Alec MacGillis discussed Baltimore's present challenges and hopeful future with City Journal assistant editor Charles F. McElwee. MacGillis covers politics and government for ProPublica. His work has appeared in The New Yorker, The Atlantic, New York, and the New York Times, among other publications. A resident of Baltimore, MacGillis is the author of The Cynic, a 2014 biography of Senator Mitch McConnell.
Earlier this year, you wrote a powerful essay, “The Tragedy of Baltimore,” for the New York Times Magazine. The profile captured the city’s rising disorder, from rampant crime to widespread corruption. Did the piece inspire any introspection at the local level to address Baltimore’s problems?
The piece got a very strong reaction in the city. The then-mayor, Catherine Pugh, called me up to harangue me. (She resigned a few weeks later, amid a children’s book scandal.) Chamber of Commerce types criticized the piece as overly negative. But I heard from many others who appreciated its attempt to grapple with the unraveling of the past few years that everyone in the city has been aware of, and yet was too often downplayed by city leaders. I’ve been invited to speak at numerous forums and remain generally hopeful that the piece has inspired residents to demand more candor and accountability. The big test will be next year’s mayoral election—a huge moment for the city.
As a resident of Baltimore, what do you think the city's future holds?
Despite the stark framing of the article, I do hold out hope for the city. As I note in the piece, while Baltimore has fallen far behind hyper-prosperous, winner-take-all cities like Washington, it’s in relatively decent economic shape compared with many of its postindustrial peers—not just in terms of broad income and wealth measures, but even if you drill down to the city’s black community. The city has the benefit of assets like its East Coast location—just up the road from Washington—and a large port, along with the Johns Hopkins empire. Where the city is lagging badly is in terms of public safety and governance. If it can make even modest progress on those fronts, I can envision the city resuming its gradual pre-Freddie Gray rise as an affordable and flawed-yet-appealing East Coast bastion.
This year, the Philadelphia Federal Reserve released a report finding that gentrifying neighborhoods create economic opportunity for adult residents and children. How has gentrification played out in Baltimore’s neighborhoods, particularly around Johns Hopkins Hospital?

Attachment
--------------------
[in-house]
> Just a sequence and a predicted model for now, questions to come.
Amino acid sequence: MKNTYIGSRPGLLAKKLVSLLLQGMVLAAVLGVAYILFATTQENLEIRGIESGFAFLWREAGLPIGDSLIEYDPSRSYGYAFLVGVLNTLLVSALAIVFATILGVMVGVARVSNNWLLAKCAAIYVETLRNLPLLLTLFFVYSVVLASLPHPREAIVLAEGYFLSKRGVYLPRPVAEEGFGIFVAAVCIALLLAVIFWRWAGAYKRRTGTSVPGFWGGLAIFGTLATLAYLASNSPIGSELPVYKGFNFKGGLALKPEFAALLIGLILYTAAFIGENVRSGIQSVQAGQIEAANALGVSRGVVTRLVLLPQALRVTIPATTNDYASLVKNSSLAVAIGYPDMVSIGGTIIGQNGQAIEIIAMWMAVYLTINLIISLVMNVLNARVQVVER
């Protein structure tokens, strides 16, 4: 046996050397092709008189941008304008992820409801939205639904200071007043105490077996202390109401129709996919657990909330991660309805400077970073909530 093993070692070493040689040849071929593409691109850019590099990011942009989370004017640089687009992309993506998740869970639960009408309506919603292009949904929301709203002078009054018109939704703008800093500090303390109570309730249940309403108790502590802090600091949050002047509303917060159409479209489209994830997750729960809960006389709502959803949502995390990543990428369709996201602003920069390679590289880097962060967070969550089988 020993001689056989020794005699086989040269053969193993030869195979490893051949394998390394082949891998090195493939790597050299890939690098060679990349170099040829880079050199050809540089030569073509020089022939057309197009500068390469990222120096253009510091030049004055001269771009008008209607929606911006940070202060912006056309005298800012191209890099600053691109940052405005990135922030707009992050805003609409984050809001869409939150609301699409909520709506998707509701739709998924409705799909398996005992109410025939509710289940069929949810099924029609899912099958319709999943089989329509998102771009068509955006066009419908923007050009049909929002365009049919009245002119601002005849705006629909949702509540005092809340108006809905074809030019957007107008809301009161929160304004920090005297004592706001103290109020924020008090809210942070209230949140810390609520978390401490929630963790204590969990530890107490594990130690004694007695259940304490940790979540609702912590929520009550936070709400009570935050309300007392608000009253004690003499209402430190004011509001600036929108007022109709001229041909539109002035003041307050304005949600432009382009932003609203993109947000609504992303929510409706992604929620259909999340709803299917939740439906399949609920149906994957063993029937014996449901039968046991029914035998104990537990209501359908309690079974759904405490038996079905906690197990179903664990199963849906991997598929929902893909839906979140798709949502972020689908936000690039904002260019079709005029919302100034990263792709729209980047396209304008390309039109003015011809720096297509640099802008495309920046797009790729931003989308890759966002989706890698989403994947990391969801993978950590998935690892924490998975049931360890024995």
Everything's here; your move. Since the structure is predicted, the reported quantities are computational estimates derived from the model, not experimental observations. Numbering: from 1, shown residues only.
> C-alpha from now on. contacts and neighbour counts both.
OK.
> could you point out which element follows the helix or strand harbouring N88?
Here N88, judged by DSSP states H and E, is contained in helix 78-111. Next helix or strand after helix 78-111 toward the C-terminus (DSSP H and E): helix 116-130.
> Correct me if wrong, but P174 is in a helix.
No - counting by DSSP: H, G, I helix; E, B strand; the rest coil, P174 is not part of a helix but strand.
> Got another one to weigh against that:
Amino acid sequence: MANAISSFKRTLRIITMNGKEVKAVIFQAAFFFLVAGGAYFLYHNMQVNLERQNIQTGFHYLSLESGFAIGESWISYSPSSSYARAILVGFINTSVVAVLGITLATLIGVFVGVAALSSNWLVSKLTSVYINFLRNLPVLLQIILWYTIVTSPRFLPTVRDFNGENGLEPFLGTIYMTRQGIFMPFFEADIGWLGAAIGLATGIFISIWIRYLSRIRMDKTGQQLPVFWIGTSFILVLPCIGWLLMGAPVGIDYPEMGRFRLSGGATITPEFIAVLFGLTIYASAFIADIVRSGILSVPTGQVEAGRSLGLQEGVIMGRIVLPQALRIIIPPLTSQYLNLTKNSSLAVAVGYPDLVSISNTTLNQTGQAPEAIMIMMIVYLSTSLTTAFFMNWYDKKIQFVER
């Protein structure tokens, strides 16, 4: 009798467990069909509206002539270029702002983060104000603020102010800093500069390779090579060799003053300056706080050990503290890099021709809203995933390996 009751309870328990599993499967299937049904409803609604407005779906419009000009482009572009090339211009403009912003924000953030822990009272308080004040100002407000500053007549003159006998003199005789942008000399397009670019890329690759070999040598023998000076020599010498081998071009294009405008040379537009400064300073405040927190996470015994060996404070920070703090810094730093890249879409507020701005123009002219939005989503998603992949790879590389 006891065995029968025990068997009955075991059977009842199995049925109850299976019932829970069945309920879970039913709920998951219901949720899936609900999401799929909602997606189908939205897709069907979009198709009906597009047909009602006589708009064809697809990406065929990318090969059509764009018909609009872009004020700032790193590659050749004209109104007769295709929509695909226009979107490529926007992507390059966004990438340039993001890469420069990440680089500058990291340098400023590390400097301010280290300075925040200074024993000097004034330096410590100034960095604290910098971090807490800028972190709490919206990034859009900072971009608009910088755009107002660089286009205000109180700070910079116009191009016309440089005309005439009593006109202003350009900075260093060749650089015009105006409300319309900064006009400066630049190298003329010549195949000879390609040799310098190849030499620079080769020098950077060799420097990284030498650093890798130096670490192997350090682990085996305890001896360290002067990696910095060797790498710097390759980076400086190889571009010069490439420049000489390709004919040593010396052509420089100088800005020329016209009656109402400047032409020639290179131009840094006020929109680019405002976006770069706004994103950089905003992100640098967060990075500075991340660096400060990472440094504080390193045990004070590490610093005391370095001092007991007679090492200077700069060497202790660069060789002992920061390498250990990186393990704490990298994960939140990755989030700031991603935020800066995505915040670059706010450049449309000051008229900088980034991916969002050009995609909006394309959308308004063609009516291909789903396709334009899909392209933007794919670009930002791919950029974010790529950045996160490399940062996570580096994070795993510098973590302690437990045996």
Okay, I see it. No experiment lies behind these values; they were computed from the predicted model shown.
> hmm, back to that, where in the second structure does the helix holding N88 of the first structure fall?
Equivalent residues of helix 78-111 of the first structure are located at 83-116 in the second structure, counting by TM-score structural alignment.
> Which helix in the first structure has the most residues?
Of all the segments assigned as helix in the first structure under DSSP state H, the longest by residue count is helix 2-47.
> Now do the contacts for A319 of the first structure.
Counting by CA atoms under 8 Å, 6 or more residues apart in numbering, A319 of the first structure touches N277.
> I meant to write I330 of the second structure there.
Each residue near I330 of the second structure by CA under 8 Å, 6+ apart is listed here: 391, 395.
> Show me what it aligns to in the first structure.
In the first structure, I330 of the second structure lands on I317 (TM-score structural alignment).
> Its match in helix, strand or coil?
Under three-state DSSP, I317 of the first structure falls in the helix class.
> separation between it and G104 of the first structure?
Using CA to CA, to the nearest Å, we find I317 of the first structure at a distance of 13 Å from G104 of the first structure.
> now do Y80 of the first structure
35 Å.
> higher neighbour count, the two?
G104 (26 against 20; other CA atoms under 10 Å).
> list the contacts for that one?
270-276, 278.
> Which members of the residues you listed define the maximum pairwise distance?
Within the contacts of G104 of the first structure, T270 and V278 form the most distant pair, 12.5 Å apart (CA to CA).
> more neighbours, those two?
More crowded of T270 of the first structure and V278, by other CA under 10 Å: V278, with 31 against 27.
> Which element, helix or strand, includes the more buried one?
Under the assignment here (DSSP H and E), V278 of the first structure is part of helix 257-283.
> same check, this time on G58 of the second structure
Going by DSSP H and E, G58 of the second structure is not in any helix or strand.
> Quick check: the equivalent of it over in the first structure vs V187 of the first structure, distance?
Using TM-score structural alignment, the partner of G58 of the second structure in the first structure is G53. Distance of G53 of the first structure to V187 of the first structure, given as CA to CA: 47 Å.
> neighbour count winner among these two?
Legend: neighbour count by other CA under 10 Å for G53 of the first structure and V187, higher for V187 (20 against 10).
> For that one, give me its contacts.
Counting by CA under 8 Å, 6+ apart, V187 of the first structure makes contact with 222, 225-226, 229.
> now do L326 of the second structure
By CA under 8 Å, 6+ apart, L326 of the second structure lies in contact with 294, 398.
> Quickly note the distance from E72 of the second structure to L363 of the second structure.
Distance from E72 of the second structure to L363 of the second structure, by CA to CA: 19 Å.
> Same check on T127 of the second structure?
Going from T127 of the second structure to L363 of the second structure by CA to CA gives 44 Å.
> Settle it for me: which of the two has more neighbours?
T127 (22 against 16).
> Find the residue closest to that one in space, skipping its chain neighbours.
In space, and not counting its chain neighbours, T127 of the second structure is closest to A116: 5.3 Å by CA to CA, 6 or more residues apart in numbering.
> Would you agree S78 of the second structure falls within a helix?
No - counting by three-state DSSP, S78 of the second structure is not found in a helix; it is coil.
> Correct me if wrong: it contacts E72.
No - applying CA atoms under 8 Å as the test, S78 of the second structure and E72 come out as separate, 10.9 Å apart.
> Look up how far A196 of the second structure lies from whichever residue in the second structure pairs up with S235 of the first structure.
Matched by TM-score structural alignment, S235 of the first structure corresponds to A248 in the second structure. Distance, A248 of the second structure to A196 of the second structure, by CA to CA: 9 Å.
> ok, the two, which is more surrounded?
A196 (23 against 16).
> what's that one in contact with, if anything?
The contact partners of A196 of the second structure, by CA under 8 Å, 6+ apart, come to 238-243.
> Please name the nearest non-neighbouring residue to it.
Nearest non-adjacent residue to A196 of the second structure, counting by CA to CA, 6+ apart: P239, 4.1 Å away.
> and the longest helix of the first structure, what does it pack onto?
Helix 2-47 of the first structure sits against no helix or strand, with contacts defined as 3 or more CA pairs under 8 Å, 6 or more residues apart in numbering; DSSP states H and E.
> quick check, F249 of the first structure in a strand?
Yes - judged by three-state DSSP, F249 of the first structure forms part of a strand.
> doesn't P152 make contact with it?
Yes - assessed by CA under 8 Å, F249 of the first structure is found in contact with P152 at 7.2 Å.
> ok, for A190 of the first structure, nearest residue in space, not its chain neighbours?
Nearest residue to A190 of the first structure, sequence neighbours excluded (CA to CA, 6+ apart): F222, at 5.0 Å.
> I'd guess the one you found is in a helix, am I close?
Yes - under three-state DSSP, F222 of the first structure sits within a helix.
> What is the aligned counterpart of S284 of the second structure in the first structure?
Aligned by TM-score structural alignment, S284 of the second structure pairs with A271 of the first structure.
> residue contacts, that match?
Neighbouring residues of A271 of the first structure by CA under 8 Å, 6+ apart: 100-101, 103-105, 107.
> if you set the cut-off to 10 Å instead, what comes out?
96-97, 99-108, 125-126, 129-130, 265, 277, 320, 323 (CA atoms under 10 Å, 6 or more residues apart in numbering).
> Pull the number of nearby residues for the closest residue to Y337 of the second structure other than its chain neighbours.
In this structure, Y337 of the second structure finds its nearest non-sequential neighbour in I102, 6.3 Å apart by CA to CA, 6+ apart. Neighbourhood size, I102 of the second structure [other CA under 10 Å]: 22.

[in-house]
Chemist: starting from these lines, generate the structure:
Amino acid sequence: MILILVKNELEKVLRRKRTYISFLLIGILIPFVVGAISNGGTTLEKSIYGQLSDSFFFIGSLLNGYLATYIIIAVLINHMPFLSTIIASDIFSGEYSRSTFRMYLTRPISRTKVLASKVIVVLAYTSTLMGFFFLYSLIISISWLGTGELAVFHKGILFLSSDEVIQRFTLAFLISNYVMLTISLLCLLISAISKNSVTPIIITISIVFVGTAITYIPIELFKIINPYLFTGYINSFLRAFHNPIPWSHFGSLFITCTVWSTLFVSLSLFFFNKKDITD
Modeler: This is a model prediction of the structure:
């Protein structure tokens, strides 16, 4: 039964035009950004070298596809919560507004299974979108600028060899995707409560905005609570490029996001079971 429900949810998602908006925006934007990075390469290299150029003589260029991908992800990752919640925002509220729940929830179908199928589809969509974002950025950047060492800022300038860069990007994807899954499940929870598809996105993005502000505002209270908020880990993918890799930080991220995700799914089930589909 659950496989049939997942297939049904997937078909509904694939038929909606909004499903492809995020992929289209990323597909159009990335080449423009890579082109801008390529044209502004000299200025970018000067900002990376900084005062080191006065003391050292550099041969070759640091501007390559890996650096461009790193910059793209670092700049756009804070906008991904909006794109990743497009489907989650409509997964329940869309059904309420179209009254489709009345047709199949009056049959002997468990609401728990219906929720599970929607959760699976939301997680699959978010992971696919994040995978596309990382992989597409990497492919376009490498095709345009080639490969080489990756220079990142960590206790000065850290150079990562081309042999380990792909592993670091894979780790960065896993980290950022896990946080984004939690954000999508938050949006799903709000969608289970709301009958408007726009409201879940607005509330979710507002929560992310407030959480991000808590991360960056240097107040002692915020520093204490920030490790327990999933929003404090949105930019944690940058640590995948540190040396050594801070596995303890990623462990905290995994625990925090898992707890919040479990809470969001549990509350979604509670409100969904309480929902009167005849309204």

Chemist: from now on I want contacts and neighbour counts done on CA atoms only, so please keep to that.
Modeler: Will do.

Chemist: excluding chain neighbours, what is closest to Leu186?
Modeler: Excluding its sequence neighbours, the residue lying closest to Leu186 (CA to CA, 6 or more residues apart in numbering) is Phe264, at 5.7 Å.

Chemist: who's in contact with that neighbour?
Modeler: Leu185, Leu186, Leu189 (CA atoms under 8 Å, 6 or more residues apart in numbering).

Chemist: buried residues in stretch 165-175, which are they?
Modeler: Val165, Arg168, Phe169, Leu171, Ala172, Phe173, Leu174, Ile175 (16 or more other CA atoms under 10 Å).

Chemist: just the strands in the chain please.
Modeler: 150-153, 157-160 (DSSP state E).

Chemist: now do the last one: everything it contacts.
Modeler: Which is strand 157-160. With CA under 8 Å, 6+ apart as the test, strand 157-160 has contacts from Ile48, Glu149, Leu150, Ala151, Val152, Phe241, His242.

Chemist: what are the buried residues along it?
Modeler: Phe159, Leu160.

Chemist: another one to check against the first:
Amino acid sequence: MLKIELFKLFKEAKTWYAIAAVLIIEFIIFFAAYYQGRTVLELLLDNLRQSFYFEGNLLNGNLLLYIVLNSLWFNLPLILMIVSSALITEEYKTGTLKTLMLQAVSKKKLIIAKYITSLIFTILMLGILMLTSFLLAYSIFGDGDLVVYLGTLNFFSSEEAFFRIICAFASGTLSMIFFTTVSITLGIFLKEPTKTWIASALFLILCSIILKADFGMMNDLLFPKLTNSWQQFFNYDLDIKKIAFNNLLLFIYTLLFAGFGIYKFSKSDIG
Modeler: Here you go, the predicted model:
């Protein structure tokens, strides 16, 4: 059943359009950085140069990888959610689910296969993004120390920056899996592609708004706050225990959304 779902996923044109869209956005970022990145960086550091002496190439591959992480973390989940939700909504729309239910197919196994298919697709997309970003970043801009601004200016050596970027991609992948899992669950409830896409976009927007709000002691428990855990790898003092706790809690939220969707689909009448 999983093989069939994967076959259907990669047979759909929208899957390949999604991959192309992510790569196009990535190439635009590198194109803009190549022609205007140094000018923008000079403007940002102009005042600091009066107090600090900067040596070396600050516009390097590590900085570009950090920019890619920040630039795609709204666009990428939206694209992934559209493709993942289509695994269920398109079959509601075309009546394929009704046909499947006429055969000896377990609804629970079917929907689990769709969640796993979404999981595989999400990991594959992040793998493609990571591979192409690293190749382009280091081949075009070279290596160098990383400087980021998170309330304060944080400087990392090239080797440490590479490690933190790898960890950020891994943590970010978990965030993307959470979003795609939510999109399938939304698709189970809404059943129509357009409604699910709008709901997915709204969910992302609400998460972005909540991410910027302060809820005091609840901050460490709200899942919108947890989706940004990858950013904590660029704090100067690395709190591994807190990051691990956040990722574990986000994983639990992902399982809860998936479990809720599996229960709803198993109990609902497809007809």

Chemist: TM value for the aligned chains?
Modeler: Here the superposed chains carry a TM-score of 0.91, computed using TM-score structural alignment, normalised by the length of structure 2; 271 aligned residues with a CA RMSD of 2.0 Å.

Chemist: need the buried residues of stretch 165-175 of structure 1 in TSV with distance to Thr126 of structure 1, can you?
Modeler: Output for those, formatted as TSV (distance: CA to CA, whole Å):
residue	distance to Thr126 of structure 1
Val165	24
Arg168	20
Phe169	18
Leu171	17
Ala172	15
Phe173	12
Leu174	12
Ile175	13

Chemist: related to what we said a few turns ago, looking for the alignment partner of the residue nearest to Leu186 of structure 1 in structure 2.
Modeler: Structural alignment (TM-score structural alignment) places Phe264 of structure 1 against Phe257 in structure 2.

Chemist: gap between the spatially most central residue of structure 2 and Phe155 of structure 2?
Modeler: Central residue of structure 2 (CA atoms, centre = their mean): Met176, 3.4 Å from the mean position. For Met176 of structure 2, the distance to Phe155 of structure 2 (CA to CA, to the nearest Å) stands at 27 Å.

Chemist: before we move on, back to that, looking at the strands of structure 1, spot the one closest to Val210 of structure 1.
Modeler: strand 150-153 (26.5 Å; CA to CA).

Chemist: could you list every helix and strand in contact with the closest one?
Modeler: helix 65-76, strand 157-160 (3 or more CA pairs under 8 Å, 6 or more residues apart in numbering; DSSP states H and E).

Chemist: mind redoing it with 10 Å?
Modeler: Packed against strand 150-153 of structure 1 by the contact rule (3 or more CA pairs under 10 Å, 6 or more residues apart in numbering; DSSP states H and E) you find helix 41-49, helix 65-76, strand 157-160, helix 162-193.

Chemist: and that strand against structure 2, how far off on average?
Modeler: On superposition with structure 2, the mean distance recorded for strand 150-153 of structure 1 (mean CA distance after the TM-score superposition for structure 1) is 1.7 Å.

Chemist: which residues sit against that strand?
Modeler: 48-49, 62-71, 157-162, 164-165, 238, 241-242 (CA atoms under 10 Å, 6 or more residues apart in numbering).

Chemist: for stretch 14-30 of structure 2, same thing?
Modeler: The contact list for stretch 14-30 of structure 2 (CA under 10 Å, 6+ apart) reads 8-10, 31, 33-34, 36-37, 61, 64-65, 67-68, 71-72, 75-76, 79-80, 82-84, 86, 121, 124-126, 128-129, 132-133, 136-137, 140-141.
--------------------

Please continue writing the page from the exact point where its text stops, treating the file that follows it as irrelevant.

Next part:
The recent nationwide reports on gentrification have driven home just how different Baltimore’s experience has been compared with other cities. In Baltimore, virtually all the gentrification of the past decade or two has occurred in formerly white working-class areas such as Hampden, Locust Point, and Canton. The only exception has been a narrow stretch on the gentrifying perimeter of the Hopkins medical complex in East Baltimore. What these studies have reinforced is that for struggling black neighborhoods in Baltimore, the biggest challenge by far remains blight and abandonment—not gentrification and displacement of the sort one sees in D.C. and other hyper-prosperous cities.
Recent U.S. Census figures show that scores of younger millennial and Gen X residents are leaving U.S. cities for the suburbs. Has the national trend, along with Baltimore’s recent challenges, affected those residential neighborhoods?
Here, too, my sense is that the Baltimore experience is different than in many other cities. Elsewhere, the departure by Gen-Xers and Millennials is being driven heavily by the quest for affordability. That’s not nearly as much of an issue in Baltimore, where even choice neighborhoods remain far more affordable than what you’d fine in D.C., New York, or Boston. To the extent that younger residents are leaving the city, it’s for the same reasons as they always have: for better schools and public safety. But the latest numbers I’ve seen do not suggest a big increase in such moves. The city is continuing to draw younger, mostly white professionals. It seems pretty clear that the biggest factor behind the city’s resumed population decline is the flight of middle- and working-class blacks to the suburbs.
Last year, you profiled Dayton’s economic decline for PBS Frontline. Does the media overlook how America’s deindustrialization policy, combined with China’s economic ascendance, has transformed economic development in the Rust Belt?
Absolutely, there needs to be more reporting on the upheaval underway in small and medium-size cities like Dayton. Not to go into a diner and ask voters what they think about Trump—the coverage that’s so easily lampooned—but to report on what it means to have a state go from having GM as its largest employer to its 72nd largest, as is now the case for Ohio. It’s been great to see the Fuyao auto glass plant get such exposure, notably in the American Factory documentary. But there are so many other stories to be told. One reason they’re not being told, of course, is the evisceration of the press in these cities.
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